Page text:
Another One: Study Finds 6% Around Miami Have Covid-19 Antibodies — Indicates 0.14% Fatality Rate

University of Miami study sponsored by the 2.75 million Miami-Dade county

The number of positive COVID-19 cases in Miami-Dade County appears to be much higher than is actually being reported, according to results of a preliminary study by Miami-Dade County and the University of Miami Miller School of Medicine.

The early findings of SPARK-C, the Surveillance Program Assessing Risk and Knowledge of Coronavirus, a public-private partnership designed to determine the actual rate of COVID-19 exposure in the community found 6% of participants tested positive for COVID-19 antibodies, which equates to 165,000 Miami-Dade County residents.

This figure directly contrasts with testing site data.

As of Friday afternoon, there are 10,700 positive cases, according to the Florida Department of Health, suggesting that the actual number of infections is potentially 16.5 times the number of those captured through testing sites and local hospitals alone.

Researchers say they are “95% certain that the true amount of infection lies between 4.4% and 7.9% of the population, or between 123,000 and 221,000 residents. These results are similar but not identical to other recent, non-randomized testing programs that have been conducted throughout the United States.”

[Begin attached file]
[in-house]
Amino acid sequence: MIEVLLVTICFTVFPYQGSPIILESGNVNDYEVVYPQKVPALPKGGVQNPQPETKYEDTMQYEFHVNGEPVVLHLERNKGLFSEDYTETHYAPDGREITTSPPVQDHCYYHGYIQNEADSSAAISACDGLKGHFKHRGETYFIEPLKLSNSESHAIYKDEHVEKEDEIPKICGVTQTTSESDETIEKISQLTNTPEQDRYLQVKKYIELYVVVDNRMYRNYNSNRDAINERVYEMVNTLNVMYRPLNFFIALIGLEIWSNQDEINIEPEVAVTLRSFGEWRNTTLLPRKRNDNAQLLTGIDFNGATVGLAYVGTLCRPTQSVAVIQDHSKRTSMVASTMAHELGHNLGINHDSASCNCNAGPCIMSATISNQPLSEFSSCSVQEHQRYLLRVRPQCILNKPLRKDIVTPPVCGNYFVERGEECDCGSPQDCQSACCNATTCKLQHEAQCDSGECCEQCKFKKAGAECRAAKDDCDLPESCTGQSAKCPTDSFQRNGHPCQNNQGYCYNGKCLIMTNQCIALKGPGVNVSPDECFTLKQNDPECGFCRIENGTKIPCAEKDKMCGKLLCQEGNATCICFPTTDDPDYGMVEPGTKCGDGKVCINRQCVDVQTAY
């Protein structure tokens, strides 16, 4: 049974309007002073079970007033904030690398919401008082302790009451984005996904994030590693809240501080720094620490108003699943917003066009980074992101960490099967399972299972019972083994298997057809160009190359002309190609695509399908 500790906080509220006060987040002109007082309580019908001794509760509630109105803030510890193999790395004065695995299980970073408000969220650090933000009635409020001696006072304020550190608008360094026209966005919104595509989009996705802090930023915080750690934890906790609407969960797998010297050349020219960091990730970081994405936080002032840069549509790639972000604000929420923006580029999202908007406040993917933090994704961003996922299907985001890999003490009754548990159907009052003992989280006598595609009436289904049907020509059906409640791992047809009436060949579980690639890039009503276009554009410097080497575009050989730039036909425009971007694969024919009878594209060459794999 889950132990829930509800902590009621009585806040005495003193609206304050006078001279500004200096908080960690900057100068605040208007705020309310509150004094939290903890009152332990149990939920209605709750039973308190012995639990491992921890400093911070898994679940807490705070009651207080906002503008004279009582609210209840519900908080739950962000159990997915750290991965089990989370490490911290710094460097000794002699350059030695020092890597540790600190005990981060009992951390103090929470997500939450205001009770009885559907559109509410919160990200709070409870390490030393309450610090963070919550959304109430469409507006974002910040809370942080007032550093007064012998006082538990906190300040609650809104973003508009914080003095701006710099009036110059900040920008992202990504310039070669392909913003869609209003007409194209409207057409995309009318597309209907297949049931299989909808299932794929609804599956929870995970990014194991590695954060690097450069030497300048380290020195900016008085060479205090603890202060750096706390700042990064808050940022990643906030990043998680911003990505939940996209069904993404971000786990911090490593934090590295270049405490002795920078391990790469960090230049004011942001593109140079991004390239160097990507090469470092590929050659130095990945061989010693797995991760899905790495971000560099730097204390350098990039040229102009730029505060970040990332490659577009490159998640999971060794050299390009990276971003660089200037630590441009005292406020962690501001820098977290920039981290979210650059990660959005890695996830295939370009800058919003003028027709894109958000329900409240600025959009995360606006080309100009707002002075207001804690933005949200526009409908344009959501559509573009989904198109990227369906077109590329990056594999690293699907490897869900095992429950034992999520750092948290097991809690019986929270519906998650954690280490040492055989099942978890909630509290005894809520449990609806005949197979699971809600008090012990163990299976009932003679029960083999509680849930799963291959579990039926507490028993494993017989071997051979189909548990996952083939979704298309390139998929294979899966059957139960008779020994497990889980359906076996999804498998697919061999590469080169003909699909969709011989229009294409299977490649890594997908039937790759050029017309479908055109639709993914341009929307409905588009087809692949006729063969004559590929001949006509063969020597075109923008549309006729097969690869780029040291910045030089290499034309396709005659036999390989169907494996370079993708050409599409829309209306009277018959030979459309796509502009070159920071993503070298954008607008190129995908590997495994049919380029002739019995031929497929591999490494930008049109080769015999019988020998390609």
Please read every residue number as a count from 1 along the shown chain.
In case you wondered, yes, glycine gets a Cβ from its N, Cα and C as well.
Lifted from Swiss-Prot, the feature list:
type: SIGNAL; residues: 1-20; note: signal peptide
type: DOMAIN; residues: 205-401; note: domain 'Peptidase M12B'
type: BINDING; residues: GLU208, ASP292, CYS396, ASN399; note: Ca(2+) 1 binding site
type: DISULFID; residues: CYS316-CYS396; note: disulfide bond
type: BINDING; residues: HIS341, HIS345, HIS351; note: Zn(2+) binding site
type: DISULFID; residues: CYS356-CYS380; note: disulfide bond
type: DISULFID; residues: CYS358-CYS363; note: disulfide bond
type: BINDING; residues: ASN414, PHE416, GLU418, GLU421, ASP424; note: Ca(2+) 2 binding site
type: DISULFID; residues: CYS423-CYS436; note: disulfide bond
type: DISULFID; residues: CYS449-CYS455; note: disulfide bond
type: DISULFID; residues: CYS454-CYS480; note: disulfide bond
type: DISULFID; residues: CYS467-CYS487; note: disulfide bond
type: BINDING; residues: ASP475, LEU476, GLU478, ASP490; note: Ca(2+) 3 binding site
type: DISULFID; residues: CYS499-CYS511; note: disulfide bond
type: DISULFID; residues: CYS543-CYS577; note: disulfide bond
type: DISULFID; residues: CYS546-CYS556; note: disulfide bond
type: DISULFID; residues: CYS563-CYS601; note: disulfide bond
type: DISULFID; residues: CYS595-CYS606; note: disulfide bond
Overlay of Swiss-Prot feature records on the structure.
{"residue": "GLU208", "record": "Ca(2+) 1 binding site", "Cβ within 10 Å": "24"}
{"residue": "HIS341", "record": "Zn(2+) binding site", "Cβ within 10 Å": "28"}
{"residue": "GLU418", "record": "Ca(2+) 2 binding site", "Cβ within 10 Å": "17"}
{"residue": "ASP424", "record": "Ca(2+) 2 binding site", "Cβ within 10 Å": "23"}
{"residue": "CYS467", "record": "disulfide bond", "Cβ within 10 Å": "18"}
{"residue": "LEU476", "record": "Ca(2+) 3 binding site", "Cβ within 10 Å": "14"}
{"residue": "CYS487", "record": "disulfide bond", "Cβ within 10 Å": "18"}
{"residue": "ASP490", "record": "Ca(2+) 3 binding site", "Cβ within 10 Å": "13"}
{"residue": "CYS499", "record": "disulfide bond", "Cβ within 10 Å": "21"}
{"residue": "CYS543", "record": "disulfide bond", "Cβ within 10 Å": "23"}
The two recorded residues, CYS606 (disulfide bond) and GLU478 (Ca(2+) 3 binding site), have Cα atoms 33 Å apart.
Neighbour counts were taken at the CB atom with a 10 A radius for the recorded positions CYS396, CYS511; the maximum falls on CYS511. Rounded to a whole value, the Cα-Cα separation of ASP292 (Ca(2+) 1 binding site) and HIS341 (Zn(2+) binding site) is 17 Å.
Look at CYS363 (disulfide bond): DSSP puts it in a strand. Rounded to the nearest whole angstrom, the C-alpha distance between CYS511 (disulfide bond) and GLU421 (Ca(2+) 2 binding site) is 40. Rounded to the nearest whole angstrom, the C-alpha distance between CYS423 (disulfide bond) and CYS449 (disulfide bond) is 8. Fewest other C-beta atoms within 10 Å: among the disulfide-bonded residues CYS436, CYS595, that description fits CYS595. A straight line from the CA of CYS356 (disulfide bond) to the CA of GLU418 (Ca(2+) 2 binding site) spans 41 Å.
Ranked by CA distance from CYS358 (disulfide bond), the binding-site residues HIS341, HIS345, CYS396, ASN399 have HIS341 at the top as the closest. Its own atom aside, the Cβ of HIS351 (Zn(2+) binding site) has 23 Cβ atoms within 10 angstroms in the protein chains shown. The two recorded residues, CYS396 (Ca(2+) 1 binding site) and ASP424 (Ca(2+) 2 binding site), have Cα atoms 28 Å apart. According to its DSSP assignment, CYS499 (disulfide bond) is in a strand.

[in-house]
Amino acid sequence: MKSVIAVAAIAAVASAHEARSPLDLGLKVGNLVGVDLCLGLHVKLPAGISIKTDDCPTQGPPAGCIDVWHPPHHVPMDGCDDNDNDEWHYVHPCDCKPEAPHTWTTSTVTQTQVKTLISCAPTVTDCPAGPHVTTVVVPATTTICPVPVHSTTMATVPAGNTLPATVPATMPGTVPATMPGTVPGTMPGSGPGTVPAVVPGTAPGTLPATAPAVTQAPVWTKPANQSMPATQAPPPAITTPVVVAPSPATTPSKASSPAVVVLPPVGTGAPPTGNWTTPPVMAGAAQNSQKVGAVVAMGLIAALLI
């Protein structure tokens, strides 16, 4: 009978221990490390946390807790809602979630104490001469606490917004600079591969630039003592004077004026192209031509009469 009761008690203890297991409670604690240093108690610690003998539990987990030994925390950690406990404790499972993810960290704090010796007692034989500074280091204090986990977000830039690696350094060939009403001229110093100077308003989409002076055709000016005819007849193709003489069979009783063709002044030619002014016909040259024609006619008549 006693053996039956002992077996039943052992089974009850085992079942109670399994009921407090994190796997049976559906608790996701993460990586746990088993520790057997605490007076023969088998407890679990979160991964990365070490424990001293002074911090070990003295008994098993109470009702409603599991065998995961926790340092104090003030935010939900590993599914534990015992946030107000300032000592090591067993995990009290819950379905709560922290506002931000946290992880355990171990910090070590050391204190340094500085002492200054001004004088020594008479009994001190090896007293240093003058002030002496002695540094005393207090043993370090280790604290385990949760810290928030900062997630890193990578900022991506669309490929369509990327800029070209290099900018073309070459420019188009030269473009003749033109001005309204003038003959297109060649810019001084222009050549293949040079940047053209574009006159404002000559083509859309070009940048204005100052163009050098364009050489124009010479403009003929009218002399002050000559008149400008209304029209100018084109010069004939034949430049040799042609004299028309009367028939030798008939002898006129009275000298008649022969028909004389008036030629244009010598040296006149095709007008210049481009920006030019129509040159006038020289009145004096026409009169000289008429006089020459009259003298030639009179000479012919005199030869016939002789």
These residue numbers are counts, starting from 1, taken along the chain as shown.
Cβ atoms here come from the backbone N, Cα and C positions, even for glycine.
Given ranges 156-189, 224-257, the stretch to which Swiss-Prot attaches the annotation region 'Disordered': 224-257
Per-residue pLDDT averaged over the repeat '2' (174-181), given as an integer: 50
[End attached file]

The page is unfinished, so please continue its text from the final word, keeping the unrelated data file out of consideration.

There are 2.75 million residents in Miami-Dade County.

To date, nearly 1,800 individuals have participated in the program which represents 85% of residents who were randomly selected to participate in the initiative; participants voluntarily shared information about their health, and gave two drops of blood to determine whether they had produced antibodies to the novel coronavirus infection.

Testing for antibodies helps approximate the prevalence, or amount, of infection within our community at a given time.

Because the test relies on the level of antibody production in each individual’s blood, there is an 89 percent to 91 percent accuracy rate.


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